Helping hands: All hands on deck
About 200 volunteers perform essential work at Battleship North Carolina. They logged more than 15,000 hours this past year. (File photo)
Editor’s note: Helping Hands is a recurring feature that spotlights volunteer opportunities for older adults across the Wilmington area.
Battleship North Carolina docks proudly in the Cape Fear River across from downtown Wilmington. Opened to the public in October 1961, it is an authentically restored World War II battleship and the state memorial to 11,000 North Carolinians who gave their lives in World War II.
When Kim Sincox, museum services director for the past 32 years, was just 10 years old, she sported a patriotic dress and stepped onto the battleship for her the very first time while on a family vacation. Backed by years of watching World War II movies with her father and college degrees in history, she is responsible for the live programs held on the ship and 200 volunteers who range in age from 18 to 96 years old. Most of them are older adults.
“These retirees enrich our community and are essential to our ship. They come from all walks of life – detectives, secret service agents, sales personnel, teachers, doctors, engineers and military personnel,” Sincox said. “They are incredibly smart, enthusiastic, reliable and willing to do anything.”
Volunteers paint and clean weekly, provide daily guided tours and staff programs for students, families, military personnel and corporate groups. Tour guides and ambassadors attend training classes while program volunteers do their own research in the ship’s archives. Volunteers contributed 15,000 hours this past year. Many volunteer in several positions.
Nine-year volunteer Chuck Gore, retired naval officer and second-grade teacher, is the teak deck cleaning coordinator. “I love history. I can’t get enough of World War II. I bring this knowledge to the visitors. I also enjoy the camaraderie among the volunteers,” he said.
David Holloway, retired naval officer, remembers donating nickels and dimes as a school kid to bring the battleship to Wilmington. He also recalls talking with his teenage friends saying, “If I retire and come back to Wilmington, I will paint the battleship.” Holloway came back to Wilmington after active duty as a navigator, a nursing career and serving in the military reserves. He started volunteering in 2017 as his way of giving back.
Holloway said he enjoys observing the school kids on tours of the ship using the sound-powered phones. When crews were at battle stations, the principal means for rapid and reliable voice communication within the ship was sound-powered phones. As the name implies, the phones are solely energized by the voice of the speaker. They were used for both incoming and outgoing messages to the crew. Hands-on fun for school group tours includes trying out the phones.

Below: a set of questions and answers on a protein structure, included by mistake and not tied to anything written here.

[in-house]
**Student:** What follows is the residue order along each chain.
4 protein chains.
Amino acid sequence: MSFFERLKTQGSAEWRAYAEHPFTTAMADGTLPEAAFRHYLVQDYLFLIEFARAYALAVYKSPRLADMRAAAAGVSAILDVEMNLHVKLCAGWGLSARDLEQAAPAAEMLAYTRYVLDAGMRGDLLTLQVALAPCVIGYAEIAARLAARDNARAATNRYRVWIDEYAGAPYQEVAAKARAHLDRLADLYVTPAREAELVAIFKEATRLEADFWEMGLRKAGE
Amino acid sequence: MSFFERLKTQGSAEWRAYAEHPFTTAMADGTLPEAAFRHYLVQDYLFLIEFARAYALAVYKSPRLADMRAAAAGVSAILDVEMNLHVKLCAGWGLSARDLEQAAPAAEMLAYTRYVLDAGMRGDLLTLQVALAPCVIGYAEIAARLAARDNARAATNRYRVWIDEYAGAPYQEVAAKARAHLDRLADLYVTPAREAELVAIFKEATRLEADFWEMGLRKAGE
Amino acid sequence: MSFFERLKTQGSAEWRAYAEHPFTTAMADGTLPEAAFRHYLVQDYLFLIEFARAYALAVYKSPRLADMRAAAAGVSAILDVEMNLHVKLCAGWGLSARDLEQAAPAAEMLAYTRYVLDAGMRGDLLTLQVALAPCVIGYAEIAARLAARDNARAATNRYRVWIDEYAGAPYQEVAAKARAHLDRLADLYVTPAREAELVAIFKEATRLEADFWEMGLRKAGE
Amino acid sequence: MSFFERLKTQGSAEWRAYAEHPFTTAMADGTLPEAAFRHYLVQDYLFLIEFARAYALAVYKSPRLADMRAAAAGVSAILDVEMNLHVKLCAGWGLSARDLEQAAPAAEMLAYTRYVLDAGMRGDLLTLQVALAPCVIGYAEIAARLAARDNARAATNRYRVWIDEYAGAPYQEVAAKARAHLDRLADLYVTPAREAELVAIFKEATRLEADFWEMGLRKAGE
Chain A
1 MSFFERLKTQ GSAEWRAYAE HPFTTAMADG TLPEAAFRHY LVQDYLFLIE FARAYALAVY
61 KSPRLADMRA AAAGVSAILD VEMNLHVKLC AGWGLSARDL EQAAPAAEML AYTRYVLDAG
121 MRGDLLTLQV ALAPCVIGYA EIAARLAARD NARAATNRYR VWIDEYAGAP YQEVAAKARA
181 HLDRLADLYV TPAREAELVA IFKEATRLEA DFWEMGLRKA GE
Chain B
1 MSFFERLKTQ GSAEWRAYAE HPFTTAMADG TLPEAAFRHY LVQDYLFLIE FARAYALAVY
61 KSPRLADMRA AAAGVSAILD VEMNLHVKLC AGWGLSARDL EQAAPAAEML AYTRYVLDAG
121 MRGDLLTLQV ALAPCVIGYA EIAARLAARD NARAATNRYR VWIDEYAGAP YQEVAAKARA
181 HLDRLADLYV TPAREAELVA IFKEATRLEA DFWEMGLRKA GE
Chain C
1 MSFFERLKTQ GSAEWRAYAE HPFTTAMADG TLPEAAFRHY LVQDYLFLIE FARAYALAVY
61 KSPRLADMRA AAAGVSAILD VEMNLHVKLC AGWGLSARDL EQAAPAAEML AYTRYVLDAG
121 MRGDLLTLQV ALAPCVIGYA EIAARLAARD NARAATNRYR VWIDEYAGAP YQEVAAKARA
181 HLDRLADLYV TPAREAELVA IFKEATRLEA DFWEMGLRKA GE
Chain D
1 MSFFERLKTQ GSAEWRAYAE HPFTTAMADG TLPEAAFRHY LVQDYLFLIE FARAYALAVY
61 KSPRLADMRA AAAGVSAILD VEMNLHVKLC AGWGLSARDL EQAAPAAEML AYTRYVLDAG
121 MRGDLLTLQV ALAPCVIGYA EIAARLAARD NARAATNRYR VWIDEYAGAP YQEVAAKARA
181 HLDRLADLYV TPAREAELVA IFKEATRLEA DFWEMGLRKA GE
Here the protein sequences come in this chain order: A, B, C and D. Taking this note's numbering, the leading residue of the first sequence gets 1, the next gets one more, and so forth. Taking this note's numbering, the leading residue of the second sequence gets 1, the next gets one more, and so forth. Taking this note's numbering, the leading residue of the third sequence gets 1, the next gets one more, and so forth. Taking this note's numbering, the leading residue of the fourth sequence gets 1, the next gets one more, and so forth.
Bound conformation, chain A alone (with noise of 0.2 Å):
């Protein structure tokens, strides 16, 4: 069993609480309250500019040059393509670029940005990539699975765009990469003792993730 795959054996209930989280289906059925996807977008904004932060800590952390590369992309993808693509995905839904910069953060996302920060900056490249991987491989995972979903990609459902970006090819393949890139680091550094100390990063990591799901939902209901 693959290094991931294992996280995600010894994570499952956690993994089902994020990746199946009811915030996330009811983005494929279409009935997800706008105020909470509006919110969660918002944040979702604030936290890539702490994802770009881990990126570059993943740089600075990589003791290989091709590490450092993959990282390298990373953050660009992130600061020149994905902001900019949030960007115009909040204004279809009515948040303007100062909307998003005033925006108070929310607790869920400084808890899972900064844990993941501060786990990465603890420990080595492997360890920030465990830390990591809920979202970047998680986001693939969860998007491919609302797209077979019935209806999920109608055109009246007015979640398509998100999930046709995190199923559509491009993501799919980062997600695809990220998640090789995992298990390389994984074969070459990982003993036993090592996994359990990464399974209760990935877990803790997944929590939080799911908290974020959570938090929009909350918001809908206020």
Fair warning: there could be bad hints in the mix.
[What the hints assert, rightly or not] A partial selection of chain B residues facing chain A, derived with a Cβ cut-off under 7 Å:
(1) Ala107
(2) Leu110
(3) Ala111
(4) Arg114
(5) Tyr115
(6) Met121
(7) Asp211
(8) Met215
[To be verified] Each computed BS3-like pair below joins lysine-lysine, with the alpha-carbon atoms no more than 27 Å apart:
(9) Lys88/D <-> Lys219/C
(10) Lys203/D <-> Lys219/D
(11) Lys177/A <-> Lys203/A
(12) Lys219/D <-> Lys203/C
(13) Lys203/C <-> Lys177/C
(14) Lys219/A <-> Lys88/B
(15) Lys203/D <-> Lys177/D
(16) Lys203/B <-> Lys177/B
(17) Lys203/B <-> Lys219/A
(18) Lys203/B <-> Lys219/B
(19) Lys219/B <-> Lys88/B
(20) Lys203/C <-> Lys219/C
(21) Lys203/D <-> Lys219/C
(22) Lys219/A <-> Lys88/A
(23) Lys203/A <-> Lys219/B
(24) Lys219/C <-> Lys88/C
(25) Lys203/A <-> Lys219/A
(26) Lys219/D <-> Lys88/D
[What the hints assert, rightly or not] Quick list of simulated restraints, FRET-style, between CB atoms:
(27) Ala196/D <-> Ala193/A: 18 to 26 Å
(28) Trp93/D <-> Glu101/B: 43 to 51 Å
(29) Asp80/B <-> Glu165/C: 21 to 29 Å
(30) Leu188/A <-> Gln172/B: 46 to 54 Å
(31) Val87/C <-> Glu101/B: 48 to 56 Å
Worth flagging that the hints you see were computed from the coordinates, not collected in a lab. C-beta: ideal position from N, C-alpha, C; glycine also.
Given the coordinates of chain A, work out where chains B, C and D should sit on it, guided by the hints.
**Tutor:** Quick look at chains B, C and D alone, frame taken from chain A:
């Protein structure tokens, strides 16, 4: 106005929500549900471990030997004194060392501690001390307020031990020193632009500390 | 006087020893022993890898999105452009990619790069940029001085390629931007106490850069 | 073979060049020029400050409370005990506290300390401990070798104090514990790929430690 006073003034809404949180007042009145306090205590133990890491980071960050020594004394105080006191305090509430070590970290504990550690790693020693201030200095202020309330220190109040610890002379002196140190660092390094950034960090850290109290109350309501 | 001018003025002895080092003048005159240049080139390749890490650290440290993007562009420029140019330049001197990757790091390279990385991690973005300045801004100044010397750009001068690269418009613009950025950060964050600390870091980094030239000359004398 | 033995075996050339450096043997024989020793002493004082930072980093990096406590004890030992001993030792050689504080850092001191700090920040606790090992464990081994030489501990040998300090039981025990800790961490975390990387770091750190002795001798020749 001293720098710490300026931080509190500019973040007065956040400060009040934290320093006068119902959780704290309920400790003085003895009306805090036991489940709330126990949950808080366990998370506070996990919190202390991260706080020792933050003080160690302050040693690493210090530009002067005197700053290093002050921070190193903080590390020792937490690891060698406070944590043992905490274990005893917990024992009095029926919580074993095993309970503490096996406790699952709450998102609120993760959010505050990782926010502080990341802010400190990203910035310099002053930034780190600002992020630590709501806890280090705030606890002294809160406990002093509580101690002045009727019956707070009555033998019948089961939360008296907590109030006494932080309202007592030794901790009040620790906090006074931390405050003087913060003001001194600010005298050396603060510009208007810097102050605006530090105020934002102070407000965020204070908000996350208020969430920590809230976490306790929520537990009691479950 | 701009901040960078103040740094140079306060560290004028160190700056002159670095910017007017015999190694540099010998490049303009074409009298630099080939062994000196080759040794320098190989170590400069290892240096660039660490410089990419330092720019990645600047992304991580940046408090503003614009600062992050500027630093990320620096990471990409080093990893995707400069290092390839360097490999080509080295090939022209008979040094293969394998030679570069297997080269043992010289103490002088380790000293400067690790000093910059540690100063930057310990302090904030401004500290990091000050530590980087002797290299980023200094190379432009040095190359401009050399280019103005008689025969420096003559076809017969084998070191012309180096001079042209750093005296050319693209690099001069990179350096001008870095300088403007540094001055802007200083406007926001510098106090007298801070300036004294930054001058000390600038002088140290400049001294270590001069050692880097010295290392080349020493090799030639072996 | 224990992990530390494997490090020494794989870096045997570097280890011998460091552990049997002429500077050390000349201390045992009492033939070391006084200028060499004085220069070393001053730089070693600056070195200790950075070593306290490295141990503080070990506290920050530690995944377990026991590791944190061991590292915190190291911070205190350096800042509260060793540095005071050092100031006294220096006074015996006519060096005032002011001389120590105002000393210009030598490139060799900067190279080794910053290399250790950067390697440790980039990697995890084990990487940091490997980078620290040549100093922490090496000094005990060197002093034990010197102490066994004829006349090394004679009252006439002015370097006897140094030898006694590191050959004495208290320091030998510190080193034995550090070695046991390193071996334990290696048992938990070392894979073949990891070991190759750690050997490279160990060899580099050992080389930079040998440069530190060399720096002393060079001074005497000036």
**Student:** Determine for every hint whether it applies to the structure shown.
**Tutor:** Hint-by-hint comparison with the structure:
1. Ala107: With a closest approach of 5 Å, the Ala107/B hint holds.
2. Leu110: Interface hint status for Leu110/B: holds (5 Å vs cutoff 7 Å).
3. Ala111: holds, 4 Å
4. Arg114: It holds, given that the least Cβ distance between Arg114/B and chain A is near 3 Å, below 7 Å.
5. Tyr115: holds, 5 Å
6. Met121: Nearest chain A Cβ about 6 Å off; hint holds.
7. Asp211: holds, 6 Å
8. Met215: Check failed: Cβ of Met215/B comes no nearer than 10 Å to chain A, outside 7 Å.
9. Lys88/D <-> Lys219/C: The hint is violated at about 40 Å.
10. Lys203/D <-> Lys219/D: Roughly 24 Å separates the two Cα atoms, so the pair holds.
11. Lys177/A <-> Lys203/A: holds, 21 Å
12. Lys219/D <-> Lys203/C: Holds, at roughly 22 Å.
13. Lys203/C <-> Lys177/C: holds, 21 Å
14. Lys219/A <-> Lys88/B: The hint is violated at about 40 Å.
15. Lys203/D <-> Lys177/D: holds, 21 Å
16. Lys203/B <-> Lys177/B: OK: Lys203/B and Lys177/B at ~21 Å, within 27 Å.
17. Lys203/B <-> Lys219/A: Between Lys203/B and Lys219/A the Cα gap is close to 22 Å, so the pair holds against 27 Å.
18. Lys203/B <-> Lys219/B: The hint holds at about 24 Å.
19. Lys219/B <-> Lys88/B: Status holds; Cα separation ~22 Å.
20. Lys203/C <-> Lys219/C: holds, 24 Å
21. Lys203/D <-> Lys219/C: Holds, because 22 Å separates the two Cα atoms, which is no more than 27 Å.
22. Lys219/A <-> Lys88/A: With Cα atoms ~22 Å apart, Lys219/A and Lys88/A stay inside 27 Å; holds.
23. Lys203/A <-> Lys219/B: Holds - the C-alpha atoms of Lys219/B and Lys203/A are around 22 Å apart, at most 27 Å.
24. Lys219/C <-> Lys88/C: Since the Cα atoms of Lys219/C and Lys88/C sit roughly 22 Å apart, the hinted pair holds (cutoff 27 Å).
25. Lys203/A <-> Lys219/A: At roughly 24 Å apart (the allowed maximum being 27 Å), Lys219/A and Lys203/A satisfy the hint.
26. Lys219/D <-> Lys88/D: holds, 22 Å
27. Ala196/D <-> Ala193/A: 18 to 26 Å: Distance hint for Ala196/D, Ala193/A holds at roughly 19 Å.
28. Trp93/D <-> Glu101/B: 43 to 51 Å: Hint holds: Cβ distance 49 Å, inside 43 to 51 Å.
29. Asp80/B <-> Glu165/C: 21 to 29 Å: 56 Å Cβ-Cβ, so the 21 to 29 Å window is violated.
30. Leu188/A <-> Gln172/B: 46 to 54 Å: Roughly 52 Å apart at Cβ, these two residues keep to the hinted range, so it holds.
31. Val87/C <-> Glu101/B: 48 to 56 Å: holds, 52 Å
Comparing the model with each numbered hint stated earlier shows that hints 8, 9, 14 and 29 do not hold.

“I tell them to remember they have a strong voice because it’s their voice that powers the phone set,” he said.
In addition to being a tour guide, John Munn, retired Marine Corps officer and volunteer since 2014, teaches classes and works on the Wednesday morning maintenance gang.
“I enjoy watching the ship continue to live through painting and the opening of different ship compartments. I also enjoy interacting with visitors,” he said. Munn’s favorite visitors are those who ask questions that put him on the spot. “The little kids ask some great questions,” he said.
Lori Spencer is a docent in the ship’s butcher shop and “cabooses” guided tours. She retired from teaching junior high math for 40 years.
“This is a truly great place to volunteer. I have enjoyed it for eight years. There are lots of volunteer opportunities. Your choice,” Spencer said.
All four of these dedicated volunteers also staff programs.
Are you ready to join the volunteer crew?
Gore said, “Go for it! Even if you have no time at sea or past military involvement, you can self-learn on the ship. It’s a lot of fun.”
Holloway added, “If you want to learn something different than your career, the battleship is excellent.”
And Munn said, “I could barely spell battleship, but like me, you will pick it up over time. Come on down!”
Your volunteer badge gets free admission for you plus one, a twenty-five percent discount in the gift shop and an invitation to the annual luncheon.
“Plus a guarantee to keep your brain juiced up,” added Sincox. “And you will meet fascinating people from all over the world.”
Both Heather Holbrook, marketing director, and Sincox work from offices on the ship. They believe it’s an honor and privilege to work here. “The ship has personality. Her rich history is palpable and it’s a special feeling to come aboard every morning,” said Holbrook.
To interview for a volunteer position, email Sincox at [email protected].